Nuhu Ribadu, a deputy police commissioner until his dismissal, won international respect as head of the Economic and Financial Crimes Commission (EFCC). But since being removed from that job last year he has fallen out of favour with the police.
"Ribadu took the path of indiscipline, confrontation and destruction never known before in the force, forgetting that discipline is the bedrock upon which the force rests," said police spokesman Udom Ekpoudom.
Some of Ribadu's acts of misconduct listed by the police included improper dress, absence from duty, and taking legal action against the government.
Ribadu was removed in December 2007 as EFCC chief and sent on a one-year course at a remote institute in central Nigeria.
He was replaced in June by Farida Waziri, a retired top ranking police officer handpicked by Yar'Adua.
Graft is endemic in Africa's most populous nation, from policemen at checkpoints demanding bribes to senior government officials accused of embezzling millions of dollars.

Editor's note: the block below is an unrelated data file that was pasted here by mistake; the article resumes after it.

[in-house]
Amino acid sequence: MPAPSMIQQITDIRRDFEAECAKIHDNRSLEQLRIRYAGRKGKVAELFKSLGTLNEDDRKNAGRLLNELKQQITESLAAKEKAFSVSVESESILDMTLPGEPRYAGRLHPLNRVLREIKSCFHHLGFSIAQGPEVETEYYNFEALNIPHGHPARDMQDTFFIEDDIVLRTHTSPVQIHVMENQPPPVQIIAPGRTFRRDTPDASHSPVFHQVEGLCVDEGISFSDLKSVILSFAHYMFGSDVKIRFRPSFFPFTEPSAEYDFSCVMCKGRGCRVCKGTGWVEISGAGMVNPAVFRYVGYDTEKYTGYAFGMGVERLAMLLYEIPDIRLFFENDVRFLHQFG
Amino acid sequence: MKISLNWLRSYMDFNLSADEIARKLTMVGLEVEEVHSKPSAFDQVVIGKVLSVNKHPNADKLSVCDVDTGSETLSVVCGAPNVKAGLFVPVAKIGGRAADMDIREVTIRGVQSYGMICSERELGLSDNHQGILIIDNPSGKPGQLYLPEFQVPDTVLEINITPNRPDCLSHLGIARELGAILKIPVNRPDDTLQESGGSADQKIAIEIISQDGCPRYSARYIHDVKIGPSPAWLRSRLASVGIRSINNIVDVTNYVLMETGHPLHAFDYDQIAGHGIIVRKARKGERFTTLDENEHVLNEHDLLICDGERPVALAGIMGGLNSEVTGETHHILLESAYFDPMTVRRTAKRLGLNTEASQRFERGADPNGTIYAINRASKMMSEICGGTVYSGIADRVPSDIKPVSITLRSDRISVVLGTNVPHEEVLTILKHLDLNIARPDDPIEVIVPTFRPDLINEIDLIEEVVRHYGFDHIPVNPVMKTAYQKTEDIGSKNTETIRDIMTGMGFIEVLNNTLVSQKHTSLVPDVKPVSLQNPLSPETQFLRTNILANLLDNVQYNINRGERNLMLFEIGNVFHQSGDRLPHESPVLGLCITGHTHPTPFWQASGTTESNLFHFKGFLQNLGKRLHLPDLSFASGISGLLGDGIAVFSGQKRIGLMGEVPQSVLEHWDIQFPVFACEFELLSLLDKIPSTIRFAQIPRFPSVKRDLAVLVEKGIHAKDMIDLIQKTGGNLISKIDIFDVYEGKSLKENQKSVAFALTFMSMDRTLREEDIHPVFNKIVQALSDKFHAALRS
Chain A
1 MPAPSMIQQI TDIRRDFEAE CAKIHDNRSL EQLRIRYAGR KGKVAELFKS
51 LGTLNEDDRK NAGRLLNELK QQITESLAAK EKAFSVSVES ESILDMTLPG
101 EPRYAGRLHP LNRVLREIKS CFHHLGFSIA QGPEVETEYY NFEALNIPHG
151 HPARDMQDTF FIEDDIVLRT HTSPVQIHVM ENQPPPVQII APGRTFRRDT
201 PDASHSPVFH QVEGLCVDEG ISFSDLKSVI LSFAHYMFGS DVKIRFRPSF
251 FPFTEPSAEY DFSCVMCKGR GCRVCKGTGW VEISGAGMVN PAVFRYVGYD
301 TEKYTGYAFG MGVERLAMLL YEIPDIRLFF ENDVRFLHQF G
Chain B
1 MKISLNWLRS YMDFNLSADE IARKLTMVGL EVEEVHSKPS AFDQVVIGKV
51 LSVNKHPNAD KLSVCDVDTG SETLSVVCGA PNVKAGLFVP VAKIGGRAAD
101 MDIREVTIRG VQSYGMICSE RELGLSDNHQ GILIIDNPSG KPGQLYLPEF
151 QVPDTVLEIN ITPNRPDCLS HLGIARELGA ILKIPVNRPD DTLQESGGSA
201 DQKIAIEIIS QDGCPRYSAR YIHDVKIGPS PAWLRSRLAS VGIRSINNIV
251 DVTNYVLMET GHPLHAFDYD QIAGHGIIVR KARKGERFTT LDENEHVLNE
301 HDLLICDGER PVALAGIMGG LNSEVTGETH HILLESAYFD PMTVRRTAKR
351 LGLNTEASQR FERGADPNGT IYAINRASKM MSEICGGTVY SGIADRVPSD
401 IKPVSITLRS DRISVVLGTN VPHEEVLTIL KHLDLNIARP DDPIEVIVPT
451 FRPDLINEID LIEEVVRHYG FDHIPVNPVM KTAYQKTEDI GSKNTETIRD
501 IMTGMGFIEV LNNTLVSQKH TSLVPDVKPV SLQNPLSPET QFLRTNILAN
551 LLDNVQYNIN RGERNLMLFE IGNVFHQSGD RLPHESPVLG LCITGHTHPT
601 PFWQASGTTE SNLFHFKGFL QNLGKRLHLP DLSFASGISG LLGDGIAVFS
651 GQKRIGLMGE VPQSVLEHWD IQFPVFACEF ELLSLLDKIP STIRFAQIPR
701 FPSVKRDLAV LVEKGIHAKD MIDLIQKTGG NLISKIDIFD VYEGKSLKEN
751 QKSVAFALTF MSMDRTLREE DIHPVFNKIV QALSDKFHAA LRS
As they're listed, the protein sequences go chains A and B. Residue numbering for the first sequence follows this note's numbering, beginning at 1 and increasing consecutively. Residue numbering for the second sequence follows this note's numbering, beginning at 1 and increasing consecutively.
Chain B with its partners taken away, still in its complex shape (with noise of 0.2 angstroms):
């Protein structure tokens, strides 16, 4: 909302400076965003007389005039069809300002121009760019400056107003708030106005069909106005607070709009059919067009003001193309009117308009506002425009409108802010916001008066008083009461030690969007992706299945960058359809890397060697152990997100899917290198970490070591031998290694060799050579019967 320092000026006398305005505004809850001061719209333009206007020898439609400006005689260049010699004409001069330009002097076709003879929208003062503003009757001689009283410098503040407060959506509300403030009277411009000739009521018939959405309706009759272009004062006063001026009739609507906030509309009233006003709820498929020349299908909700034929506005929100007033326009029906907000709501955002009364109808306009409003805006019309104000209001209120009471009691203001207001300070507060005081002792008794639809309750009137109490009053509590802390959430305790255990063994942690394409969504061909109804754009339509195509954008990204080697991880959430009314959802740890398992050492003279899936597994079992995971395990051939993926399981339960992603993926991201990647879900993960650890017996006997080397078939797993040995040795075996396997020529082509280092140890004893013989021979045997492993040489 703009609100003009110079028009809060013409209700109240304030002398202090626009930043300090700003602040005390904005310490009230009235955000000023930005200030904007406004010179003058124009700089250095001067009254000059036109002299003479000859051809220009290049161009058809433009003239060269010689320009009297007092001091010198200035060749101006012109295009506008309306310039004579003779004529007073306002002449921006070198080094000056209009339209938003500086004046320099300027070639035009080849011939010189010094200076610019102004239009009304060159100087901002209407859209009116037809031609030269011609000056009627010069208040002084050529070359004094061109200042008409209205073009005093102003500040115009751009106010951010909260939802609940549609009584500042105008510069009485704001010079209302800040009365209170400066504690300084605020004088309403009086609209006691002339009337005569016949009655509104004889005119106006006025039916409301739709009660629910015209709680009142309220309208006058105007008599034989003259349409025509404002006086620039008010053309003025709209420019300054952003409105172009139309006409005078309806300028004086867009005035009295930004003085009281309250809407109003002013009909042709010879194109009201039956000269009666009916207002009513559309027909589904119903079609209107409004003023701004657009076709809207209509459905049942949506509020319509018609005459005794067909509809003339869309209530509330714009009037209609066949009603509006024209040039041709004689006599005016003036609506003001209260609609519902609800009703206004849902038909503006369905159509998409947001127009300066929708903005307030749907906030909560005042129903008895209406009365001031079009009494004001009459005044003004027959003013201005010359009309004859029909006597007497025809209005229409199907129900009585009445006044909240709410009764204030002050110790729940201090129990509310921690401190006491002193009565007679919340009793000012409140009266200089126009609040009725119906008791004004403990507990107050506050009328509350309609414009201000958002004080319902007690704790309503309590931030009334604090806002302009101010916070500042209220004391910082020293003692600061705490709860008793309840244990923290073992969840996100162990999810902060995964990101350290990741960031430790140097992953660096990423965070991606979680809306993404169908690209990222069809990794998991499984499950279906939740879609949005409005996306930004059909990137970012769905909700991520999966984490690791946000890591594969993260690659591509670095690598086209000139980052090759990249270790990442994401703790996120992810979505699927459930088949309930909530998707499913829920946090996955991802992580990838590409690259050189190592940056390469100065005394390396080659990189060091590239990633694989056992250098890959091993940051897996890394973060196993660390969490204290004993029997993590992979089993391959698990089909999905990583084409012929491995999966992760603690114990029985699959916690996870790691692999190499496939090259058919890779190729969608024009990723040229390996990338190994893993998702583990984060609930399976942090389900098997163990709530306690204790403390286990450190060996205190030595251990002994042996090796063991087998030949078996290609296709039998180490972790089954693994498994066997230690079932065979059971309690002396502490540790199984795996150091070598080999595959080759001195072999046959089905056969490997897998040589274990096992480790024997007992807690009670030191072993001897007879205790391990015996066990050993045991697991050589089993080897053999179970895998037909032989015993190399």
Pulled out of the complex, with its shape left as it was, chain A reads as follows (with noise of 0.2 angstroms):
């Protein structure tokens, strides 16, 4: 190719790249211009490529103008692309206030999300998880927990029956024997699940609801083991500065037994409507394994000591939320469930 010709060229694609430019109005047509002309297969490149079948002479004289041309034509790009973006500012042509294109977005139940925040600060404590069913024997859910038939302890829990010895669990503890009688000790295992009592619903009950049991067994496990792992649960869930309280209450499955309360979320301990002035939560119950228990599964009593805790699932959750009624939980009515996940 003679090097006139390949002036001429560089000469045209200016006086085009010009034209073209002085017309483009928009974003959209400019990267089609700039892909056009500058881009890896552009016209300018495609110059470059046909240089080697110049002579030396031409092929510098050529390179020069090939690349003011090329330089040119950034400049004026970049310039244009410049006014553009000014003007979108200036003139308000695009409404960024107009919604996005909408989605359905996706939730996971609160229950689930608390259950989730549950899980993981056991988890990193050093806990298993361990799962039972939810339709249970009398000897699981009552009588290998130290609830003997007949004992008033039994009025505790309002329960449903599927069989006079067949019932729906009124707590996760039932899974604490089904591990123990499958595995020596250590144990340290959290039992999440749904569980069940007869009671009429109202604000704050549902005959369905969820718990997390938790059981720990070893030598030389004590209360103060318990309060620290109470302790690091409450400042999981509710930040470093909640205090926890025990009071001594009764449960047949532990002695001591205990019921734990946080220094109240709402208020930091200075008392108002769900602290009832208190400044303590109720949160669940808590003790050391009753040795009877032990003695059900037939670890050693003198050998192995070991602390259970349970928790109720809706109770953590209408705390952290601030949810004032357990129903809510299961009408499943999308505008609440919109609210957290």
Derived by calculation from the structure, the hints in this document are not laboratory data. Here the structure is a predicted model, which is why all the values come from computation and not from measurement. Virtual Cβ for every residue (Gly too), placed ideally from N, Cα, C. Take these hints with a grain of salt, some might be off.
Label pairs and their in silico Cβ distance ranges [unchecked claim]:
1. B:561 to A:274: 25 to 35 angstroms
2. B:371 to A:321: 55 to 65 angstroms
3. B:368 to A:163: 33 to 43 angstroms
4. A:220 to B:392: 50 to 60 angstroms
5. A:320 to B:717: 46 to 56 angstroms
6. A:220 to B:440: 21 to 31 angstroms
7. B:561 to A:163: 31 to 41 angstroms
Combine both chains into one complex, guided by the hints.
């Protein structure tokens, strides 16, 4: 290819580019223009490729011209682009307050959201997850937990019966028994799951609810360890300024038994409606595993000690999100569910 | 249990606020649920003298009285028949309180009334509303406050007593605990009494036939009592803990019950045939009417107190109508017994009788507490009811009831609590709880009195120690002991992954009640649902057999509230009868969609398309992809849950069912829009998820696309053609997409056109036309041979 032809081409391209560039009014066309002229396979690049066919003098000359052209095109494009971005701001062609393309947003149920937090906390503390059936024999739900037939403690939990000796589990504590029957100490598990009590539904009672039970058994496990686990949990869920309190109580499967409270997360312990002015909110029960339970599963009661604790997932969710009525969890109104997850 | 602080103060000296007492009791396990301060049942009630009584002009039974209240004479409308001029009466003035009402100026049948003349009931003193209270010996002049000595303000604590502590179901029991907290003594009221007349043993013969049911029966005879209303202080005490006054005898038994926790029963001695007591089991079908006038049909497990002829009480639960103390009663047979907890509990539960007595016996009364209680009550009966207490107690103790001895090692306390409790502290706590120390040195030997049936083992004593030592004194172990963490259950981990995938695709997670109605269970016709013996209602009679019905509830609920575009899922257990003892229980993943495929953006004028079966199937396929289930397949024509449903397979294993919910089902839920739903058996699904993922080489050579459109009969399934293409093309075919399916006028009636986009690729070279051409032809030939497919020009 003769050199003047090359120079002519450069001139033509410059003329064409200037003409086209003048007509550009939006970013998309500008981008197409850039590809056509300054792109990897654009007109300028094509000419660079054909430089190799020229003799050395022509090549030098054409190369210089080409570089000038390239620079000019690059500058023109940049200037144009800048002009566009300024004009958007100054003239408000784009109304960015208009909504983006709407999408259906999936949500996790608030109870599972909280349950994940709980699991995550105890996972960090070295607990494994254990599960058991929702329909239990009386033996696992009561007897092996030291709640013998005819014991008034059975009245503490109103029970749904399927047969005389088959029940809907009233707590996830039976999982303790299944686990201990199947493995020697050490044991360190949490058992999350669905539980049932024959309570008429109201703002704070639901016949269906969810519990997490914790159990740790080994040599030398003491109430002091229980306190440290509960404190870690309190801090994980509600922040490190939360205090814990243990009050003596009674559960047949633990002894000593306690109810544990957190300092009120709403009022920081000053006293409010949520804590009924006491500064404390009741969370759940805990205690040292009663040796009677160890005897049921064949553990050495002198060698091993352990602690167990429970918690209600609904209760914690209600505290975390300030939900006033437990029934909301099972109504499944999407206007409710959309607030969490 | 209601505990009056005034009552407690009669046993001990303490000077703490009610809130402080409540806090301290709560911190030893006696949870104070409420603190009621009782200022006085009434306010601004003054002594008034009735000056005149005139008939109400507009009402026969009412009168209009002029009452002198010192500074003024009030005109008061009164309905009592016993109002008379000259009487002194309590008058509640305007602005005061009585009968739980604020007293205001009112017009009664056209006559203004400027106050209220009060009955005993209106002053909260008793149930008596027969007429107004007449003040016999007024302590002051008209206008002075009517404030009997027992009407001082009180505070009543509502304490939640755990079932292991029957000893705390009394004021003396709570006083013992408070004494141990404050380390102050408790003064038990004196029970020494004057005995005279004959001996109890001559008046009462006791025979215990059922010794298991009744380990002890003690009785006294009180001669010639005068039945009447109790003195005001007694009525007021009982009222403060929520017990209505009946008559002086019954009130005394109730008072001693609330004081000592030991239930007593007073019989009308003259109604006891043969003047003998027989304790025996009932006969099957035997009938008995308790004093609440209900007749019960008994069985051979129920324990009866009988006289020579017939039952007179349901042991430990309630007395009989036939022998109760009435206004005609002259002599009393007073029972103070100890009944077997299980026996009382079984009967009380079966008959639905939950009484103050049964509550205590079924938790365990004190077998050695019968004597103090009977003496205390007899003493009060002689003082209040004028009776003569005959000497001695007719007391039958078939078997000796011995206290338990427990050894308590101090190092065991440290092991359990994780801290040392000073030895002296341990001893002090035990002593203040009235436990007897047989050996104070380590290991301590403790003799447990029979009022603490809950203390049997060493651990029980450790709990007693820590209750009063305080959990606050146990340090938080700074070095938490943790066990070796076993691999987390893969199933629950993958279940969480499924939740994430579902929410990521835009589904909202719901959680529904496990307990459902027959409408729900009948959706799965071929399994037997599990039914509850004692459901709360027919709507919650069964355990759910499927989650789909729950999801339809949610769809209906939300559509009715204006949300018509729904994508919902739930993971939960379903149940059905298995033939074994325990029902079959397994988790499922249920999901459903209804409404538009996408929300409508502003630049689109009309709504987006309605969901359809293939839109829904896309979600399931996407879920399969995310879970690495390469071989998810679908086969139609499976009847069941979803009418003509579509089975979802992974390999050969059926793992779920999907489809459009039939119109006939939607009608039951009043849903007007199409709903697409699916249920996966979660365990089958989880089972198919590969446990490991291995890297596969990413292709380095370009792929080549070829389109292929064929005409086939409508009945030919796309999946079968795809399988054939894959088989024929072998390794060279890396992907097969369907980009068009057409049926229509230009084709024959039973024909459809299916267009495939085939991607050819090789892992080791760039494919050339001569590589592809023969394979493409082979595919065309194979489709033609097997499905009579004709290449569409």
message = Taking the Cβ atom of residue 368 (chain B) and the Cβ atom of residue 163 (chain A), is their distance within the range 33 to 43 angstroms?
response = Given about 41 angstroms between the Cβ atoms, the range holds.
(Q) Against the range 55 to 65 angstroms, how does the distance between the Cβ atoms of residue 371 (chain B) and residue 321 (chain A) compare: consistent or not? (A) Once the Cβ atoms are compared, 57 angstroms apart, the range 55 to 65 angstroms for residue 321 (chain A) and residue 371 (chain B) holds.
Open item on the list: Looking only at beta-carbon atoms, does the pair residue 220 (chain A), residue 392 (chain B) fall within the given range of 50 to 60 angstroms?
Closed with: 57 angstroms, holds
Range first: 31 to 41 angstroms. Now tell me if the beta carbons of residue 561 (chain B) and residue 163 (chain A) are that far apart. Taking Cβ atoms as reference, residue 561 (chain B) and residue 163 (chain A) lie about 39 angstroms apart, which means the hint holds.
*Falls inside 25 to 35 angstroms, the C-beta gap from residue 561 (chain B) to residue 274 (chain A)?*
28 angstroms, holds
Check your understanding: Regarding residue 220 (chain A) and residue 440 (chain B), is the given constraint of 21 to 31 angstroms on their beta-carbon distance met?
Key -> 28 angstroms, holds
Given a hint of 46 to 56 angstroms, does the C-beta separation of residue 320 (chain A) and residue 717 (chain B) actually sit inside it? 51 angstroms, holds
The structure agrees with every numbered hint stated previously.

Campaigners say powerful former state governors, seeking to protect themselves against charges of fraud and money laundering, are trying to sabotage the fight against corruption.
Ten former state governors have been charged with graft since Yar'Adua took office, but only one has been convicted.
In August, Ribadu was demoted two ranks to deputy commissioner after the police deemed his promotion under the previous government as irregular.
Ribadu told Human Rights Watch earlier this month an apparent attempt had been made on his life in September and that he had since received threatening phone calls.
Last Mod: 24 Aralık 2008, 13:30